The proportion of Australians with solar panels more than doubled in the past three years, from 7.5 per cent in March 2011 to 16 per cent – more than 3 million people – by the end of 2013.
South Australia had the highest number of homes with solar, 28 per cent, followed by 22 per cent in Queensland and 18 per cent in Western Australia. In NSW and Victoria, 11 per cent and 12 per cent respectively had solar power in their homes.
Hoppers Crossing tops the list of Melbourne’s solar suburbs, with several postcodes in the growth corridors leading the charge to get solar panels on their roofs, according to new research.
New figures from the Clean Energy Regulator show Hoppers Crossing, followed by Werribee and Cranbourne, are the top three suburbs by solar kilowatt capacity installed. The latest data debunks the widely circulating myth that solar power is a feel-good hobby for wealthy environmentalists.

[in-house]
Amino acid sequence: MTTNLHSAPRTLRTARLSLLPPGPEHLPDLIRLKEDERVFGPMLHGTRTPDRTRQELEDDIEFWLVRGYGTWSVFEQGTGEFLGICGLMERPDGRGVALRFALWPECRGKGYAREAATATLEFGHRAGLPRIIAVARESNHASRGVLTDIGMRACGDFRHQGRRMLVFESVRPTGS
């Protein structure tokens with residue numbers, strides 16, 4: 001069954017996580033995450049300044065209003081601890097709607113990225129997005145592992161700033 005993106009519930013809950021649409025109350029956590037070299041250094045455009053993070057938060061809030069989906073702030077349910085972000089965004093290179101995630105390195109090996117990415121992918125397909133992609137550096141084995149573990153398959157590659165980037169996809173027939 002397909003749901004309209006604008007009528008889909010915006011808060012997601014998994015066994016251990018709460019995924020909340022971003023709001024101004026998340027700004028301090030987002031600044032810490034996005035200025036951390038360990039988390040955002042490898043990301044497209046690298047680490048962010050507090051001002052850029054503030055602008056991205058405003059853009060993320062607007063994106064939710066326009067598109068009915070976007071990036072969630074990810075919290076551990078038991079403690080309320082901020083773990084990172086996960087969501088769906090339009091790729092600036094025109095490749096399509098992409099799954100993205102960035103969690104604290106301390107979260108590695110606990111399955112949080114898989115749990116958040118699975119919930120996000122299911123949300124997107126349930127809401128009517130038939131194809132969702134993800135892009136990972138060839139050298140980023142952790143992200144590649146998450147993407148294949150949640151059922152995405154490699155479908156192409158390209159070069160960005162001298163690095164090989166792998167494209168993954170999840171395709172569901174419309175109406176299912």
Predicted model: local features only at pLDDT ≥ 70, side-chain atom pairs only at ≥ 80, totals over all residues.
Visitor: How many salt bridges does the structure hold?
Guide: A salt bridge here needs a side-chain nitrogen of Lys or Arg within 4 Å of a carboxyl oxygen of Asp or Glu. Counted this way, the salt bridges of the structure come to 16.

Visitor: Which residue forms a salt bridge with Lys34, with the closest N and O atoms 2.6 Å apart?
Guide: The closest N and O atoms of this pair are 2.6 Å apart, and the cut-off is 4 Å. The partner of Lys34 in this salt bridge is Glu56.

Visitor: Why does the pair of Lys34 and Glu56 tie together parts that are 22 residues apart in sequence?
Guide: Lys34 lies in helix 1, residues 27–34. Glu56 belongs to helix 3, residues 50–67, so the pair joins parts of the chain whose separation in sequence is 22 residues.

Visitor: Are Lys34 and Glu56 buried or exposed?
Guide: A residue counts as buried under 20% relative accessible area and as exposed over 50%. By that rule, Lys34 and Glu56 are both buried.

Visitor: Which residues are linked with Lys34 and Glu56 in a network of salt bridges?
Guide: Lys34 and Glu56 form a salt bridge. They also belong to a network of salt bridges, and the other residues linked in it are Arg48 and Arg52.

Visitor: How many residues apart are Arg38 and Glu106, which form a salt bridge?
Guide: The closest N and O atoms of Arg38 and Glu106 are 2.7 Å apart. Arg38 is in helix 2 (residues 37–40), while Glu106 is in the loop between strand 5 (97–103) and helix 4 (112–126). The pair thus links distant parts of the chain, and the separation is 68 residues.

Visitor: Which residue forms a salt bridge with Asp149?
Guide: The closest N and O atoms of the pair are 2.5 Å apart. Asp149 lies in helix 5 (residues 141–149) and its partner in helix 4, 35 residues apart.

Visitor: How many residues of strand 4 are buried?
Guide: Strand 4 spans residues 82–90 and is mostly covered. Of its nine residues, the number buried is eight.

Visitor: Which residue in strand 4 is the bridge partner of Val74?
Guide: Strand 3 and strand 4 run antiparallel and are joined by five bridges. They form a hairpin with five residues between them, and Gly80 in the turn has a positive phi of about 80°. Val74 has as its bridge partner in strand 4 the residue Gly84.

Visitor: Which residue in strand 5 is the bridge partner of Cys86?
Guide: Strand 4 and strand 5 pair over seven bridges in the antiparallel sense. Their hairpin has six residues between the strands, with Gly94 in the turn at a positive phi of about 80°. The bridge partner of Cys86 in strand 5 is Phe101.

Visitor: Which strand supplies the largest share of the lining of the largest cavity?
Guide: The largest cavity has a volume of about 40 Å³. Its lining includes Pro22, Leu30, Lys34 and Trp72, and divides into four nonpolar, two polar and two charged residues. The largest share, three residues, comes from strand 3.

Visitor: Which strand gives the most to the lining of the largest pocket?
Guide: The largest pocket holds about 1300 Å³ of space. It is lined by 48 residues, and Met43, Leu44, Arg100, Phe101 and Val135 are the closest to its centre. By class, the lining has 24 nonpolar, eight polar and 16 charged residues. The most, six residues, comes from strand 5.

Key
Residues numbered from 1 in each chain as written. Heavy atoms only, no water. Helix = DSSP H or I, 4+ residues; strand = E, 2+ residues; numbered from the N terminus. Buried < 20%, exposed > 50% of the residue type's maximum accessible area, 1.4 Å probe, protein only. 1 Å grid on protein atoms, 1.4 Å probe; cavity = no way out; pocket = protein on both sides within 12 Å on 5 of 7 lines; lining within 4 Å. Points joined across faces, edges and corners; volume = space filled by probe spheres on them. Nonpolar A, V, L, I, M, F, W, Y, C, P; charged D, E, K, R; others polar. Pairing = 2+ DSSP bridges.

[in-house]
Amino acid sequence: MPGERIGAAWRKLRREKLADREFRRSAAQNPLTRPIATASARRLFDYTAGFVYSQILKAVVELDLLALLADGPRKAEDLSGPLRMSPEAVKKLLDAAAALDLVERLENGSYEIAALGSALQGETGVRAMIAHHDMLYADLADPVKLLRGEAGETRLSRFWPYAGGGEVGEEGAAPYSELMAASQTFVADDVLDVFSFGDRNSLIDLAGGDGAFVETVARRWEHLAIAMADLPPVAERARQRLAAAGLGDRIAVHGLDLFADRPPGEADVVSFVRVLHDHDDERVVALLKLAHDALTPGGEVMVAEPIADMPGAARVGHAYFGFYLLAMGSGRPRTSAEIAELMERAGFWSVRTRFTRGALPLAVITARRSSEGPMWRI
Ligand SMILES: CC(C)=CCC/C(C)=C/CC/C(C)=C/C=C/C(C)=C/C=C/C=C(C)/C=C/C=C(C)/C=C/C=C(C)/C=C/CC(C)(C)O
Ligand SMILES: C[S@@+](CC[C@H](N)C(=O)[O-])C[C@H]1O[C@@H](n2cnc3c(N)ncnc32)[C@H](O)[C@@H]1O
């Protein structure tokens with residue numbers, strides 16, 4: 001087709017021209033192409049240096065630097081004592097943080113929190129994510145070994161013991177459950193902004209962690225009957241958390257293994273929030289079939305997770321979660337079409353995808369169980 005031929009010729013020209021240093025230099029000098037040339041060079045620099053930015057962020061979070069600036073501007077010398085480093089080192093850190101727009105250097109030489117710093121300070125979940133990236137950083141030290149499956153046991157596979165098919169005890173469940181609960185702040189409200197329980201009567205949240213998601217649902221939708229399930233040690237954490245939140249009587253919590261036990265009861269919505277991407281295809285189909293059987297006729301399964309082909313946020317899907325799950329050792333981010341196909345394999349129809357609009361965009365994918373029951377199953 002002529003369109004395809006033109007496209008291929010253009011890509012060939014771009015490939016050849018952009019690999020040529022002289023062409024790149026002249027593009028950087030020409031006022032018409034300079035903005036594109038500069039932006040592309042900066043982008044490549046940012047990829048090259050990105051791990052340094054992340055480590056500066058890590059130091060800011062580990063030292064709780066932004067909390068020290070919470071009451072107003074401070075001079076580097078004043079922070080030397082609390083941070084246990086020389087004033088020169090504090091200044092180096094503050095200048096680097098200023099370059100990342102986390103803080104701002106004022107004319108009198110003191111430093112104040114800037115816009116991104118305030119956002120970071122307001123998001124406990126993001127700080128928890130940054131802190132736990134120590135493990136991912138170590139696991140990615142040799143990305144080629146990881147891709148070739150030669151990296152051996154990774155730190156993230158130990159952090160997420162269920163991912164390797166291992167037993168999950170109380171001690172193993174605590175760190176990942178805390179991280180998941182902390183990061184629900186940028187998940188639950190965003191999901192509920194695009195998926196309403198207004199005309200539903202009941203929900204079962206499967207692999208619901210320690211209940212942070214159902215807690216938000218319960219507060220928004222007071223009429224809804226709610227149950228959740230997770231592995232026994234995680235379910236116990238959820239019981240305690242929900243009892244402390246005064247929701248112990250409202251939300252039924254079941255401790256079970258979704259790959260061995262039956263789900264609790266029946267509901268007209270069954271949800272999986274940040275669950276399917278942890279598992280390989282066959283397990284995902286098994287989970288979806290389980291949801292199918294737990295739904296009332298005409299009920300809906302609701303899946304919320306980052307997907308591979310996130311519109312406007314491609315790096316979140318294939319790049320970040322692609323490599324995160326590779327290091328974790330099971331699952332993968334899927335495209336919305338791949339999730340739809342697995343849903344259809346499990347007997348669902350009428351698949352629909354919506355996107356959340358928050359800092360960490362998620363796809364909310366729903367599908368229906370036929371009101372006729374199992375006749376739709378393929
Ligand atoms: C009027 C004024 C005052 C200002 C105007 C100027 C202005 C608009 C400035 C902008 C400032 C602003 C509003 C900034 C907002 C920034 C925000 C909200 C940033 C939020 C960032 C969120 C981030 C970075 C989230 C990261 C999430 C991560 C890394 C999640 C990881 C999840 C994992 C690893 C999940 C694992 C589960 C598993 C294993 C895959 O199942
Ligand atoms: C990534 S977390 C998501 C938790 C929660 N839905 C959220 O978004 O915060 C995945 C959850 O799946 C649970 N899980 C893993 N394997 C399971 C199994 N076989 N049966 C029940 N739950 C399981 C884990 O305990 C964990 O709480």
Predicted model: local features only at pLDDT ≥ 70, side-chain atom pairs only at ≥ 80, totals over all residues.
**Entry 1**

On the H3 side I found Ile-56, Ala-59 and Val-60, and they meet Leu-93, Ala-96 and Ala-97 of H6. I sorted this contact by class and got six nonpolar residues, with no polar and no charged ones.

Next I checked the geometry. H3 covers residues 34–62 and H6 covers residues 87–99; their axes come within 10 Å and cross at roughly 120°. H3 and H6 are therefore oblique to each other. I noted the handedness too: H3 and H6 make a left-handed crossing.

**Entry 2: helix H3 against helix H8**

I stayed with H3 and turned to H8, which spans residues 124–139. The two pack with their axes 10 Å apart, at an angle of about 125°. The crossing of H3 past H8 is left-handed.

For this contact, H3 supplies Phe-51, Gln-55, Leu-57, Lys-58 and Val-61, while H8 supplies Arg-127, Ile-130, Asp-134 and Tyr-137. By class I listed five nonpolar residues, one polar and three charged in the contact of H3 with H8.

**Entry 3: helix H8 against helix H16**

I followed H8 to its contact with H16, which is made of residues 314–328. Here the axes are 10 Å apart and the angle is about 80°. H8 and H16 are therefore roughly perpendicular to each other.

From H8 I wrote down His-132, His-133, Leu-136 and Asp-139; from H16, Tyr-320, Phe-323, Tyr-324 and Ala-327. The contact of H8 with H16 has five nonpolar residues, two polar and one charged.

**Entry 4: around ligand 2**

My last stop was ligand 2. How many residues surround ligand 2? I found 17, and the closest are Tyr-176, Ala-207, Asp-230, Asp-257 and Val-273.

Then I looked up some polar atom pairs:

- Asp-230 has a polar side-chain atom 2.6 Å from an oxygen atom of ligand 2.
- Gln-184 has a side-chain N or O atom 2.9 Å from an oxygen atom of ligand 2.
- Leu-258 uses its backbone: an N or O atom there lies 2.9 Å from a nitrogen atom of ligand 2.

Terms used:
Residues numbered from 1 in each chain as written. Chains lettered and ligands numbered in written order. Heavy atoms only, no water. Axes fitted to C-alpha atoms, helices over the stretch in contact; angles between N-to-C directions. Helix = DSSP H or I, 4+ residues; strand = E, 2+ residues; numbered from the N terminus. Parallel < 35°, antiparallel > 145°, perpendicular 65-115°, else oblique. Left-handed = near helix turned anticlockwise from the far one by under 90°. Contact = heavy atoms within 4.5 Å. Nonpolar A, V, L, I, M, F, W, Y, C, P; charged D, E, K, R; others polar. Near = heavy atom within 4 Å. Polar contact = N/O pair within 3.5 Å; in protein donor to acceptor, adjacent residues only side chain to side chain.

And a new report by Roy Morgan Research shows that home solar is continuing to grow in popularity, despite cuts to incentives such as the feed-in tariff for selling solar-generated electricity back to the grid.
“People have twigged that electricity bills are going to keep going up for some time, and they’ve also worked out that the sun is going to come up tomorrow,” said Victorian Greens leader Greg Barber.
“They are walking into solar shops with their power bills in their hands saying ‘I’m mad as hell and I’m not going to take it any more’.”
The Roy Morgan report found that the main driver for people to go solar was wanting to control their household power costs, followed by wanting to do something for the environment.